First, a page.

ED JONES: Yeah, for sure. The first year I came to Dale Coyne, I think I didn't realize quite how good I had it. The car, as soon as we rolled out, was great. It was super fast. Being a rookie, I thought this is just the same for everyone, but clearly, the car was really strong, and I was fortunate with that.
Last year it was a different case. It was a new car for everyone, and I think with Ganassi last year, pretty much the whole season we were developing. I think, if you see, even for them, they've improved a lot.
Going with Carpenter this year, we've been strong again from the time we rolled out. That makes just the whole process a lot easier because, from the get-go, you're looking for small changes. The increments and things you're doing, it's just smaller. You're not looking for something huge, and therefore you can really see what works and what doesn't and just go at it in a more calculated way.
Q. Just with you being with a couple of teams prior to this year coming in, what have you seen different with Ed Carpenter Racing and Scuderia Corsa as far as preparation goes coming into the month of May?
ED JONES: Yeah, I think as a team Ed Carpenter Racing is probably the most focused on the ovals, and that's quite clear. As Ed Carpenter being a driver as well, this being the biggest race, it makes a lot of sense to have a lot of effort and time going into producing the cars for this track. It's paid dividends the last few years as well.
I think the work ethic is quite similar. It's a smaller team, quite similar to how Dale Coyne was, quite different from how Ganassi worked. I'm enjoying it. So far, it's working out well. We have some really good engineers, and the team atmosphere is good. I think all three drivers are quick at the moment, and that makes it a lot better to see what changes work on each car and try to implement them on each other.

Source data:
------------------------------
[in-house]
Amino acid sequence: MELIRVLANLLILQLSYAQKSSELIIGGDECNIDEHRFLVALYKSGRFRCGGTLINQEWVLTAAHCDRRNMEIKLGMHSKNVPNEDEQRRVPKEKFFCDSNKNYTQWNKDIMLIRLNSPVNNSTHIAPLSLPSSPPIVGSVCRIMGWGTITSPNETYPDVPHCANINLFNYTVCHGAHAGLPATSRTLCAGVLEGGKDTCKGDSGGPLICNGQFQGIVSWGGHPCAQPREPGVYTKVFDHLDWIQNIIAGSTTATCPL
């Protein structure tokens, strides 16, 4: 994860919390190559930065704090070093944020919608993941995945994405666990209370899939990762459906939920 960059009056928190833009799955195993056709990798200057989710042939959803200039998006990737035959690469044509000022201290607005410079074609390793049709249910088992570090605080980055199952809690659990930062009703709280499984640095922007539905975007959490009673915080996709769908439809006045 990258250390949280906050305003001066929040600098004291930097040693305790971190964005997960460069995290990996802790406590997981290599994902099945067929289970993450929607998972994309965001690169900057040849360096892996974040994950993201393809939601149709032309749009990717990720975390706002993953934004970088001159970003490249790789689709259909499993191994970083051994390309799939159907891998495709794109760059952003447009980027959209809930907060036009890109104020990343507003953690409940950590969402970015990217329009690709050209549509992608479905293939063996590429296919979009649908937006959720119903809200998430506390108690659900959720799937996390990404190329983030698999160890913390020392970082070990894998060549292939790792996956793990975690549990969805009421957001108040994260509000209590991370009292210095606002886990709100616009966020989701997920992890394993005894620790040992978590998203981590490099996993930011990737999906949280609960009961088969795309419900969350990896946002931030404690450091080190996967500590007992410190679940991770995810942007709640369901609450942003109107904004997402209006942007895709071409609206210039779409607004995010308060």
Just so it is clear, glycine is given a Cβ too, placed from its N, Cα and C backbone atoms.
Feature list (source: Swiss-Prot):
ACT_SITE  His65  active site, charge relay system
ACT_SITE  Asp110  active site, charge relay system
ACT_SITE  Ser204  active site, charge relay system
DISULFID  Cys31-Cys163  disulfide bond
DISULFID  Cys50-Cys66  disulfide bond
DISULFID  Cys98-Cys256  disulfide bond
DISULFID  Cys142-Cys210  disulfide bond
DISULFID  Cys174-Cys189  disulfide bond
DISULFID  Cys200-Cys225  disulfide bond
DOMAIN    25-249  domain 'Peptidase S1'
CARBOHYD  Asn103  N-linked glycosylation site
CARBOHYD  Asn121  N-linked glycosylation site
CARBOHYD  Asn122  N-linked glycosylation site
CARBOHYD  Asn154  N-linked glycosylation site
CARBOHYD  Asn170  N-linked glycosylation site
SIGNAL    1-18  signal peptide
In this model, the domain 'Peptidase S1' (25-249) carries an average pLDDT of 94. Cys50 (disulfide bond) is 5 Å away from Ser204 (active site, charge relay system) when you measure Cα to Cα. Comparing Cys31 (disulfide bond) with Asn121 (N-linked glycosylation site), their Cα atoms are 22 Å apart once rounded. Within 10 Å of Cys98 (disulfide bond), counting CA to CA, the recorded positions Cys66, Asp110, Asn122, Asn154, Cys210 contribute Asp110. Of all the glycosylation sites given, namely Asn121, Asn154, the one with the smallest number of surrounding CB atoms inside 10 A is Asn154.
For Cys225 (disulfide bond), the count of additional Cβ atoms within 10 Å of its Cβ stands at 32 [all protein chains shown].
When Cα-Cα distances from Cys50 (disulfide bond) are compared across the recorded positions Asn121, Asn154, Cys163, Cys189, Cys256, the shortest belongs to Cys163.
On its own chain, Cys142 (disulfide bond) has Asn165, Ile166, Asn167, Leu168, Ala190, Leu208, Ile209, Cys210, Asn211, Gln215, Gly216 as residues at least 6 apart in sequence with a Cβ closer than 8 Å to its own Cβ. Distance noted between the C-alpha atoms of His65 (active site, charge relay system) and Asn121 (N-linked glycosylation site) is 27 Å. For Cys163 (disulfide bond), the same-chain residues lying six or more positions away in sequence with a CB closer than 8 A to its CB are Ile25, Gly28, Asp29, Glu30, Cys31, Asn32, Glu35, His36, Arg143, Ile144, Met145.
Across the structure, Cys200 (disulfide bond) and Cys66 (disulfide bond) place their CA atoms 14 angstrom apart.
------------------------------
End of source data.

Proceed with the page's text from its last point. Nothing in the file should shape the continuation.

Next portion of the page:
THE MODERATOR: Ed, we've been focusing and talking a lot about the on track performance of the team, but off the track, the Indy 500 is kind of a different monster in terms of things that you're doing with the team and with fans. Talk about what that means to you and that experience.
ED JONES: Yeah, it's very different to all the other races. It would be nice if we had a few others that came close to this, but just the whole month, it's a completely different experience. You really enjoy it. Sometimes at pit road, when you're trying to get stuff done, it can get a bit over the top, but you can't complain when you have too many fans or things like that coming up to you at times.
Again, it's just how special this race is. 2017, going back to that, again, I just didn't realize to what extent the race was and how good my car was and how good the result was at the time. I think it's very easy to take that for granted, especially coming up, but after last year and now coming into this year, I've learned a lot more about it, and it means a lot more to me.
Q. Ed, with the involvement of Scuderia Corsa, is there a possibility we'll see you one day in a GT or sports car race with a Scuderia Corsa car?
ED JONES: Yeah, that's definitely a possibility. At the moment, this year has been full on with IndyCar season, so there hasn't really been much time, but I'm sure at some point I'll jump in one of the GT cars and see how it goes then and potentially do some races.
THE MODERATOR: We look forward to cheering you on if that happens. Ed, thanks so much for joining us here, and good luck with the rest of practice.
ED JONES: Thank you.